J. Rocco’s Steakhouse and Speakeasy in Shandaken
Ulster County gets a new chop shop
By Lynn Hazlewood
Carnivores roaming about near Shandaken in the past couple of months will have noticed a new restaurant in the building on Route 28 once occupied by the long-gone Loretta Charles Wood Grill. It’s called J. Rocco’s Steakhouse and Speakeasy, and one of my dedicated foodie spies reports that the steaks and salads are very good. No raves for the vegetable sides, but the Mabel burger, named after the owner’s 15-year-old Newfoundland dog, definitely gets the nod. My friend, who’s given to menu tampering and sending things back to the kitchen for touch-ups, mentioned that the servers were “especially nice and accommodating.” So that’s very promising.
The décor pays tribute to the gangsters and bootleggers whose Prohibition loot helped bankroll the famous old Catskills hotels. Or that’s according to J. Rocco’s owner, Erik Risher. Dutch Schultz, at least, reputedly took time off from shooting people and distributing hooch to get a little relaxation in the region. Legend has it that he buried a steel box of treasure somewhere near Phoenicia. Anyway, at the restaurant, FBI wanted posters of Dutch, Machine Gun Kelly, Al Capone and other members of the gangland hit parade adorn the walls, and there’s a portrait of Edward G. Robinson as Johnny Rocco himself, the fictional mobster in Key Largo modeled on the only too real mobster Lucky Luciano.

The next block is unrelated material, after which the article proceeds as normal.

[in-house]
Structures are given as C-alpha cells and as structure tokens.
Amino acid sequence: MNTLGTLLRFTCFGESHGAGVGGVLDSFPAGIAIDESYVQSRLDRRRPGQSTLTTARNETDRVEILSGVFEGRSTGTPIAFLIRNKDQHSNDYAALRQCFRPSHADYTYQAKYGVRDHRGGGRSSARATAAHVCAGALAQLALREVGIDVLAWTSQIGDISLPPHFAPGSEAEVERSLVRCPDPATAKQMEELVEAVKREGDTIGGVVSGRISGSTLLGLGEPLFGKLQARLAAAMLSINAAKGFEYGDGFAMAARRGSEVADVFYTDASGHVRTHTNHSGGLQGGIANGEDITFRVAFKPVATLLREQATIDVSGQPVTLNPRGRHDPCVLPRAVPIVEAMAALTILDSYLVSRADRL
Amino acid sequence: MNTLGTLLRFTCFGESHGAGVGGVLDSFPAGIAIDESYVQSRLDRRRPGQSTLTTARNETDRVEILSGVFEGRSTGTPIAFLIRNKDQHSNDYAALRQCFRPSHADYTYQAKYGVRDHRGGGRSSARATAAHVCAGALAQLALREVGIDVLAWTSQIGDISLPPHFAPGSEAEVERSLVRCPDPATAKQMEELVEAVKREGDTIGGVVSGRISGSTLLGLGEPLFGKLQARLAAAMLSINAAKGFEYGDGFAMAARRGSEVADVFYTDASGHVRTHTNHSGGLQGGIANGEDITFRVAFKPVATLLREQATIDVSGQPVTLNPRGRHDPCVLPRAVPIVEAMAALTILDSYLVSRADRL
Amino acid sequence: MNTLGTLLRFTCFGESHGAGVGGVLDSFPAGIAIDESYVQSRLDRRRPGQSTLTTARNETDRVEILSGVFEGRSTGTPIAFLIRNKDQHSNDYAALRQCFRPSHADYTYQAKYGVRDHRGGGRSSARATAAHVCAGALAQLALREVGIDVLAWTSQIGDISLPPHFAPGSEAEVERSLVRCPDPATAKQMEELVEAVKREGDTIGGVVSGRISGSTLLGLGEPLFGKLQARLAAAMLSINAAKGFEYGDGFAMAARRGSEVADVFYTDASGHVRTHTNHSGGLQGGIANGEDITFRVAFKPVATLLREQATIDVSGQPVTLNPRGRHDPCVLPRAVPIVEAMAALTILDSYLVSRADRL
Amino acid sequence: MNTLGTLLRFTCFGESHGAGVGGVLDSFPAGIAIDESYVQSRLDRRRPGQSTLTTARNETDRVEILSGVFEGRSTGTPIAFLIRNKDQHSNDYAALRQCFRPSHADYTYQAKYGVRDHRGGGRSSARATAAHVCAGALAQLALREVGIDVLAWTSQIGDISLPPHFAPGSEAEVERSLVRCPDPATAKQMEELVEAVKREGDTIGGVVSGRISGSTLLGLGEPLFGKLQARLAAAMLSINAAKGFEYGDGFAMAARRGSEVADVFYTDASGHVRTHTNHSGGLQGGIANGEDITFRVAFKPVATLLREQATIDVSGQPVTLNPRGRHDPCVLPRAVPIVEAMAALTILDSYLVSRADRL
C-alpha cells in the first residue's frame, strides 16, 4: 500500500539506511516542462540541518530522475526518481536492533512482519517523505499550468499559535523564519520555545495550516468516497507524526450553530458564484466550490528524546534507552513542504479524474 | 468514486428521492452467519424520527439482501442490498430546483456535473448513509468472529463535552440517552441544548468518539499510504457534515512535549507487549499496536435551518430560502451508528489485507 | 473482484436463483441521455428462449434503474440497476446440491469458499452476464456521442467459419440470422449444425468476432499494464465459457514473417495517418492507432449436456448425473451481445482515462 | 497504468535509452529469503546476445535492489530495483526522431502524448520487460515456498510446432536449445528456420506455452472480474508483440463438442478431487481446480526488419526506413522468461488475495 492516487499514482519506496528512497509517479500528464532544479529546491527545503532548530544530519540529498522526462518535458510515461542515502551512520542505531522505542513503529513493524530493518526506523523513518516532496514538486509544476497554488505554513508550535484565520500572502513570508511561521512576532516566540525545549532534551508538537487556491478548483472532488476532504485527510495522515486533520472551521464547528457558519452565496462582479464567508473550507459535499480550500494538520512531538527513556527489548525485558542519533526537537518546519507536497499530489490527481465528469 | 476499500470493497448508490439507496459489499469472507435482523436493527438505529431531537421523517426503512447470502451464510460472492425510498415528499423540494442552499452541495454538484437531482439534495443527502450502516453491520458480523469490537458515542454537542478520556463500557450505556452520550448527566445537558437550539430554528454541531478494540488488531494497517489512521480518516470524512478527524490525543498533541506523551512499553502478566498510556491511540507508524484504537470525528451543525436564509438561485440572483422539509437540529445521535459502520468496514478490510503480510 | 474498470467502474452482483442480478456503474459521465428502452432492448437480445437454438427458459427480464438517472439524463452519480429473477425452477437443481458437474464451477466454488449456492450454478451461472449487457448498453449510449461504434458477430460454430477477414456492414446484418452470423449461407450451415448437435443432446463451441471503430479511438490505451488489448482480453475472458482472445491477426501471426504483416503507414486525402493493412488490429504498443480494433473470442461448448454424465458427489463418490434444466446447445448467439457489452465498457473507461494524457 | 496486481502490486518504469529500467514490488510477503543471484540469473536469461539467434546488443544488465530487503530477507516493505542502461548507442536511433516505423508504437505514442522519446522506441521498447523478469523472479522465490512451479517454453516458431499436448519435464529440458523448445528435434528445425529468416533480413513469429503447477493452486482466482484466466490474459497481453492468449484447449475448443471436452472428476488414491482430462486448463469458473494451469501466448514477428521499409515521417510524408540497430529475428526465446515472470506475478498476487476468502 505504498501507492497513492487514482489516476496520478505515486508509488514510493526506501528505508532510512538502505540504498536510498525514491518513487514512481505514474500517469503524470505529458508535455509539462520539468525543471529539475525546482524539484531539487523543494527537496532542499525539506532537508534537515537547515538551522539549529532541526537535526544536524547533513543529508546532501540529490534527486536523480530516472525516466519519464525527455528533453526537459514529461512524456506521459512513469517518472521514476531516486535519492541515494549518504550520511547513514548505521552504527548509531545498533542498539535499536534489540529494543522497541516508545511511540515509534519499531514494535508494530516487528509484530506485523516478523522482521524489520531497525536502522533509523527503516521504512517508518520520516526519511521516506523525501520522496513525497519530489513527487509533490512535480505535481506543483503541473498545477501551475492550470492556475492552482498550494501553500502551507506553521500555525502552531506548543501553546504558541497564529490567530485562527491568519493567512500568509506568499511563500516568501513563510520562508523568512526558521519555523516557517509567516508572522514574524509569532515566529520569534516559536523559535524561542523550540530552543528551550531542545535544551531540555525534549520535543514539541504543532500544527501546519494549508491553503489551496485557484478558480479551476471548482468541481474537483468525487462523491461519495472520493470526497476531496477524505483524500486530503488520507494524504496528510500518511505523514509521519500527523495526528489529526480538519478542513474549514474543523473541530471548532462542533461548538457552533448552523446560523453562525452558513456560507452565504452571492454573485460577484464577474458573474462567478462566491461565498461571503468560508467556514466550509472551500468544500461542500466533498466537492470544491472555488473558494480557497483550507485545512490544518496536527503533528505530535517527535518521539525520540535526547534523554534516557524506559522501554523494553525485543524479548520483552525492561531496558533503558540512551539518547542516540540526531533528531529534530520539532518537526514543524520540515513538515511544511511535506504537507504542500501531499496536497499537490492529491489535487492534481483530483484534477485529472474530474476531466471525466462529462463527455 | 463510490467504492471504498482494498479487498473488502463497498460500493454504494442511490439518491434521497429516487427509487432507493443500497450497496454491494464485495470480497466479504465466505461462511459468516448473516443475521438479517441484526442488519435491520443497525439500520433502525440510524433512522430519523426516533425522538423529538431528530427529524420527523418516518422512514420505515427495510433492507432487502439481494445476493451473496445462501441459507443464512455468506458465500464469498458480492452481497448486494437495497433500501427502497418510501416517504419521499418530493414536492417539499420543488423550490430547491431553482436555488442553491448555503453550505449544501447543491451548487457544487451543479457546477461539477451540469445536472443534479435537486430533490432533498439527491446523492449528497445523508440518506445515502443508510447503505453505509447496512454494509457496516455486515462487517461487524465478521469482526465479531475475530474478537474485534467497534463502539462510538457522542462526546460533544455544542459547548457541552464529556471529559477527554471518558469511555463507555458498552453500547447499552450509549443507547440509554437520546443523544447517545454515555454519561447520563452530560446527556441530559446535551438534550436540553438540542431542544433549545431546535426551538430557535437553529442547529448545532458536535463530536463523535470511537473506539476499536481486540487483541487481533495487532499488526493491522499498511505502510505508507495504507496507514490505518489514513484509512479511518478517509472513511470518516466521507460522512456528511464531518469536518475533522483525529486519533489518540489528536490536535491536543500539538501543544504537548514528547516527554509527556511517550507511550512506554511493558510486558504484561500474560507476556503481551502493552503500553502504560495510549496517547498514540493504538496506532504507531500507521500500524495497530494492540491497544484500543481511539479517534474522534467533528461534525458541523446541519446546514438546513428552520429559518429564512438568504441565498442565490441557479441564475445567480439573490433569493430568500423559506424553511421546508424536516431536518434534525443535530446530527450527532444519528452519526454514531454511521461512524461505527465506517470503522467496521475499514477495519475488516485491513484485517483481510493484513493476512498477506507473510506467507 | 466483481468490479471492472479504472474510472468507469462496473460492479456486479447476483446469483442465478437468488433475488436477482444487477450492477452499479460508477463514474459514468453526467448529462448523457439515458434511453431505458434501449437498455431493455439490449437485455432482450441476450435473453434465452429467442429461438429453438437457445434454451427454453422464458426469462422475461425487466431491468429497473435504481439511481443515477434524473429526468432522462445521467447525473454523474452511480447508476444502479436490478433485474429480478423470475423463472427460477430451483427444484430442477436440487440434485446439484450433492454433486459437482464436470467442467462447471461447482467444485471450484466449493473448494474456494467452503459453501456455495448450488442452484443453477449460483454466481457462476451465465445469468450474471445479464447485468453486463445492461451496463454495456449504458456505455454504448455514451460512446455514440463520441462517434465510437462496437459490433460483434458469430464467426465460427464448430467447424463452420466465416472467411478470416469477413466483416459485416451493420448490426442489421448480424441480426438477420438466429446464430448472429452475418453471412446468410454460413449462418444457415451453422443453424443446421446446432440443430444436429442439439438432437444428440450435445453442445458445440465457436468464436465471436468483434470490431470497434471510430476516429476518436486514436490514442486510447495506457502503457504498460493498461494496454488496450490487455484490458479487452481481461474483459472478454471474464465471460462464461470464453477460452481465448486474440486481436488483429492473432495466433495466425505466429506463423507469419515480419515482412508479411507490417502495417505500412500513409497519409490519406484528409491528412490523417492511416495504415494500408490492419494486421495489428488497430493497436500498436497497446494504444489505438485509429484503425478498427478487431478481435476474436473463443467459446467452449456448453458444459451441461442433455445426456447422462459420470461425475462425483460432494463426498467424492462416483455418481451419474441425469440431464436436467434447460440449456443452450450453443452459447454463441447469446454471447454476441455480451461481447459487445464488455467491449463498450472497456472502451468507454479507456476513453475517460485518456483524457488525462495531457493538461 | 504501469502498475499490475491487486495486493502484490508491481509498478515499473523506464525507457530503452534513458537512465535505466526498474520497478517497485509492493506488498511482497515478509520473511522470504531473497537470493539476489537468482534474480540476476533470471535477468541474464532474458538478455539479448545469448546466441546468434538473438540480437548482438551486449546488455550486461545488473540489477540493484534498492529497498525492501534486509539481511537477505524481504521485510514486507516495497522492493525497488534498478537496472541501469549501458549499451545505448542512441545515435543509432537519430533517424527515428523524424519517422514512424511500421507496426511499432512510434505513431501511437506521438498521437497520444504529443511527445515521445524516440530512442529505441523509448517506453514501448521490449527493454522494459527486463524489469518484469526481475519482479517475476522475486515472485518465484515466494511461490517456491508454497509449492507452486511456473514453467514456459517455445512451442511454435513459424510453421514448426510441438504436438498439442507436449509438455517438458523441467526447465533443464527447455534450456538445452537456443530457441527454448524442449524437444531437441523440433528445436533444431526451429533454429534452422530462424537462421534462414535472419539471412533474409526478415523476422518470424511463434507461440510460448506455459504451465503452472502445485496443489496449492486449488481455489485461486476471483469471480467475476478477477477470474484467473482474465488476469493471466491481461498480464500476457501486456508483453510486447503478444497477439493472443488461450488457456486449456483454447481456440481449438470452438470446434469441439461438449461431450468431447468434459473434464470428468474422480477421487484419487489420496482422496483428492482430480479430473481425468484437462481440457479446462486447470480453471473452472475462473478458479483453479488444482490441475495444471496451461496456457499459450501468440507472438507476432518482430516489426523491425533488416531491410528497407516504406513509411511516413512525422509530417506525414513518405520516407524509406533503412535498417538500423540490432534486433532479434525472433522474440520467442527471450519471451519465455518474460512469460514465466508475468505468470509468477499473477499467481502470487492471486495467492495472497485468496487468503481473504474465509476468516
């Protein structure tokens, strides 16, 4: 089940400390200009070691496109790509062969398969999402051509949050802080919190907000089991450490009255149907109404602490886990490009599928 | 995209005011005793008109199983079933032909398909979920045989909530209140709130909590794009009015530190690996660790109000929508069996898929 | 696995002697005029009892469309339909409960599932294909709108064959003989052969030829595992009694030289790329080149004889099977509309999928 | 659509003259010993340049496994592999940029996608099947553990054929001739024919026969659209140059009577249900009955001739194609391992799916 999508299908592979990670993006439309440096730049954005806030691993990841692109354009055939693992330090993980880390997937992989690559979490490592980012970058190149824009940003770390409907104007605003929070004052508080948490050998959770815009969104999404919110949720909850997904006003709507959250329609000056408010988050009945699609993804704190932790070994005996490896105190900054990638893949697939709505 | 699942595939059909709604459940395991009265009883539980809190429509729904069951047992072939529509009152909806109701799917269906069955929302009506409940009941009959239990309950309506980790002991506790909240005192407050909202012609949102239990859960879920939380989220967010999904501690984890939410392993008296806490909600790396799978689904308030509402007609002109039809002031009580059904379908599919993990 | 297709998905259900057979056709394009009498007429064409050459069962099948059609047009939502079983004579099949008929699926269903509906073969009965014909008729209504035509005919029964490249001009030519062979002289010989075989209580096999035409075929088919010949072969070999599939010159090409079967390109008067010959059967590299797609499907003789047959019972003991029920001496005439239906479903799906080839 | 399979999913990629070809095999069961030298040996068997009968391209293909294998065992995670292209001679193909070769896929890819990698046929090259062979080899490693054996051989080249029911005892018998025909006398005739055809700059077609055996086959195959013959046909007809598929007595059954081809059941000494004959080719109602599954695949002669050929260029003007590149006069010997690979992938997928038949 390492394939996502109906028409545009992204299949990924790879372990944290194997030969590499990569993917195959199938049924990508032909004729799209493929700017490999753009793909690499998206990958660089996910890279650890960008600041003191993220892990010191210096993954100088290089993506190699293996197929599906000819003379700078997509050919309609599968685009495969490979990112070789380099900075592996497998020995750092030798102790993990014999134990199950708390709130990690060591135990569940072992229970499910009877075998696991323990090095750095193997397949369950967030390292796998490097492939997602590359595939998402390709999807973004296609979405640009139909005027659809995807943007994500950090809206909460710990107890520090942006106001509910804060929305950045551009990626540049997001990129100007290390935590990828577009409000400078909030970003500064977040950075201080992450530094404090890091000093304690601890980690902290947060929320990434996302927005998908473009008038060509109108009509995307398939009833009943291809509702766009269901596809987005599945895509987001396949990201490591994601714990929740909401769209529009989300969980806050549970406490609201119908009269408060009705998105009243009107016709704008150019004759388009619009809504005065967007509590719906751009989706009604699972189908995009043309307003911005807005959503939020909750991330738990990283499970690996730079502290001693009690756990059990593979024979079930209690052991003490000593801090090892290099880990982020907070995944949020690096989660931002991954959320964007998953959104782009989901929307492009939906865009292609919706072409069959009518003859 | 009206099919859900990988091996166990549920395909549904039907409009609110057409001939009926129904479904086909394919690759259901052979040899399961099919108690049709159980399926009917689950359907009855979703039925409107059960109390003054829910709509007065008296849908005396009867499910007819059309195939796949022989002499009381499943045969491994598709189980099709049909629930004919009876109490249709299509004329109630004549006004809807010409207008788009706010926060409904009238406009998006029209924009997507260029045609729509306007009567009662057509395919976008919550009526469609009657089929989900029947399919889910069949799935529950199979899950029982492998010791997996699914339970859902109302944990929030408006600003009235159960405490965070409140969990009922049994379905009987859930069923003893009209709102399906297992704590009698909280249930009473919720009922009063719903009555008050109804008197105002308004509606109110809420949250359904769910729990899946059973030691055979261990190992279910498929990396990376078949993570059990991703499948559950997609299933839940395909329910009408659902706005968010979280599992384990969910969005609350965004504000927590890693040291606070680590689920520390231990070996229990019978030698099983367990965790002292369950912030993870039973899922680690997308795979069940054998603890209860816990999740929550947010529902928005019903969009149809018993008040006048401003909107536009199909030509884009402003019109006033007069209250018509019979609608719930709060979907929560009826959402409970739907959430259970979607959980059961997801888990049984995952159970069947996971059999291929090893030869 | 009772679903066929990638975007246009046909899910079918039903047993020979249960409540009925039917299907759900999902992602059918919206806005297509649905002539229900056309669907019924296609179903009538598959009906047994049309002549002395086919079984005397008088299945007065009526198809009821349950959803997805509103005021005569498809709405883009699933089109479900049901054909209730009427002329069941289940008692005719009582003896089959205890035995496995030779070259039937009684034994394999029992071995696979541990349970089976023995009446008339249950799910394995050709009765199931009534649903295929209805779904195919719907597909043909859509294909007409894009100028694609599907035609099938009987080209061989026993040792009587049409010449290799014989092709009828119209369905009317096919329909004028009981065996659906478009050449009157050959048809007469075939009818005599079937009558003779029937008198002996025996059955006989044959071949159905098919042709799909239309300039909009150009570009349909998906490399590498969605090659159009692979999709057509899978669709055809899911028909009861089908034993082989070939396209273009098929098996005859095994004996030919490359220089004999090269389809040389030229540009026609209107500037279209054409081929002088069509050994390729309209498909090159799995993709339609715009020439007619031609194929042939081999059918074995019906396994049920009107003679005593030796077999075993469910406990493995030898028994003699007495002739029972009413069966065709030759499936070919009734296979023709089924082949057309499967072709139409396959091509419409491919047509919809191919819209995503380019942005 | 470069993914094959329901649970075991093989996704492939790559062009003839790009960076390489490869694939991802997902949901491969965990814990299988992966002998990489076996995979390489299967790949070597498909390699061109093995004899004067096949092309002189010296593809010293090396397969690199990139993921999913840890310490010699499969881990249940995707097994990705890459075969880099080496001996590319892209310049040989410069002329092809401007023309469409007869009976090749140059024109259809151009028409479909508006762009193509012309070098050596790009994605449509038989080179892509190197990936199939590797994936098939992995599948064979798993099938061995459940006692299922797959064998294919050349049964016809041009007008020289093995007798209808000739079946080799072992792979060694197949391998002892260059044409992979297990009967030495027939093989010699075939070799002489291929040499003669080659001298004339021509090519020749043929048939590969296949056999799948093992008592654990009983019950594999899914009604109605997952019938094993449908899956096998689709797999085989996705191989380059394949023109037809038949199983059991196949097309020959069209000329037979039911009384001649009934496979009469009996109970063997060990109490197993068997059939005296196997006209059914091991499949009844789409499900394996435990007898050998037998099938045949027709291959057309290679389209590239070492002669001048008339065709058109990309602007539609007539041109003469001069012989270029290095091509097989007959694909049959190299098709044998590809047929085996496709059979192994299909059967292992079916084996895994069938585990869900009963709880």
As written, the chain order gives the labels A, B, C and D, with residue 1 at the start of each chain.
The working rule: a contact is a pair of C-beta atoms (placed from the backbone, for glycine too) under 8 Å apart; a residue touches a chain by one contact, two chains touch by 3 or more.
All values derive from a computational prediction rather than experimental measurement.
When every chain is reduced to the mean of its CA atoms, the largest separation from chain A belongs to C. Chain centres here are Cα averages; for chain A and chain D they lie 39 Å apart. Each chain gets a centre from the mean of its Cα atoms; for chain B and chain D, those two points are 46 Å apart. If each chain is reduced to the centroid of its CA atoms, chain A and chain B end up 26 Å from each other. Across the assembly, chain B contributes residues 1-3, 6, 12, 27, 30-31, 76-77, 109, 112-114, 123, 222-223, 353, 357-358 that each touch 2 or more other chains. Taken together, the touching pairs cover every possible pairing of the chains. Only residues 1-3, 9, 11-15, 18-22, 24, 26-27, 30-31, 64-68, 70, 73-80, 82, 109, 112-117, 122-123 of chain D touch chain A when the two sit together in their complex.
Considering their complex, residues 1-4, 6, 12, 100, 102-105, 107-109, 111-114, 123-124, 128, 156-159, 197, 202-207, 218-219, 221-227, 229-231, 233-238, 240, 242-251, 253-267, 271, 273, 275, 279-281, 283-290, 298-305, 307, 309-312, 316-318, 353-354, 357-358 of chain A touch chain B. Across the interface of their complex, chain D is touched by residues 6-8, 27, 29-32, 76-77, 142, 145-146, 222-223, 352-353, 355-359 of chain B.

So that (and the booze) are the Speakeasy part. As for the menu, it’s traditional steakhouse with daily specials. Risher’s son, Remington, says the biggest sellers so far are the 16-ounce New York strip (which costs only $17) and the 24-ounce T-bone (for $28). Runners up include surf and turf ($22) and eggplant parm ($14). House-made desserts include classics like cheesecake, key lime pie, and blueberry pie.
When Erik Risher took over the building, the post-Loretta Charles owner had just about gutted it, leaving only some moldy carpeting behind. Risher refurbished the place, staining the hardwood floors and removing the floor of the loft space to reveal vaulted ceilings, so it feels airy. “It’s got a nice old ’20s atmosphere,” Remington says. Airier still will be a project in the works: a large dining deck overlooking the Esopus with an outdoor bar, which should be finished in the next couple of months.
J. Rocco’s is open daily for lunch and dinner. Live music a couple of nights a week. No Web site yet, so call for info.
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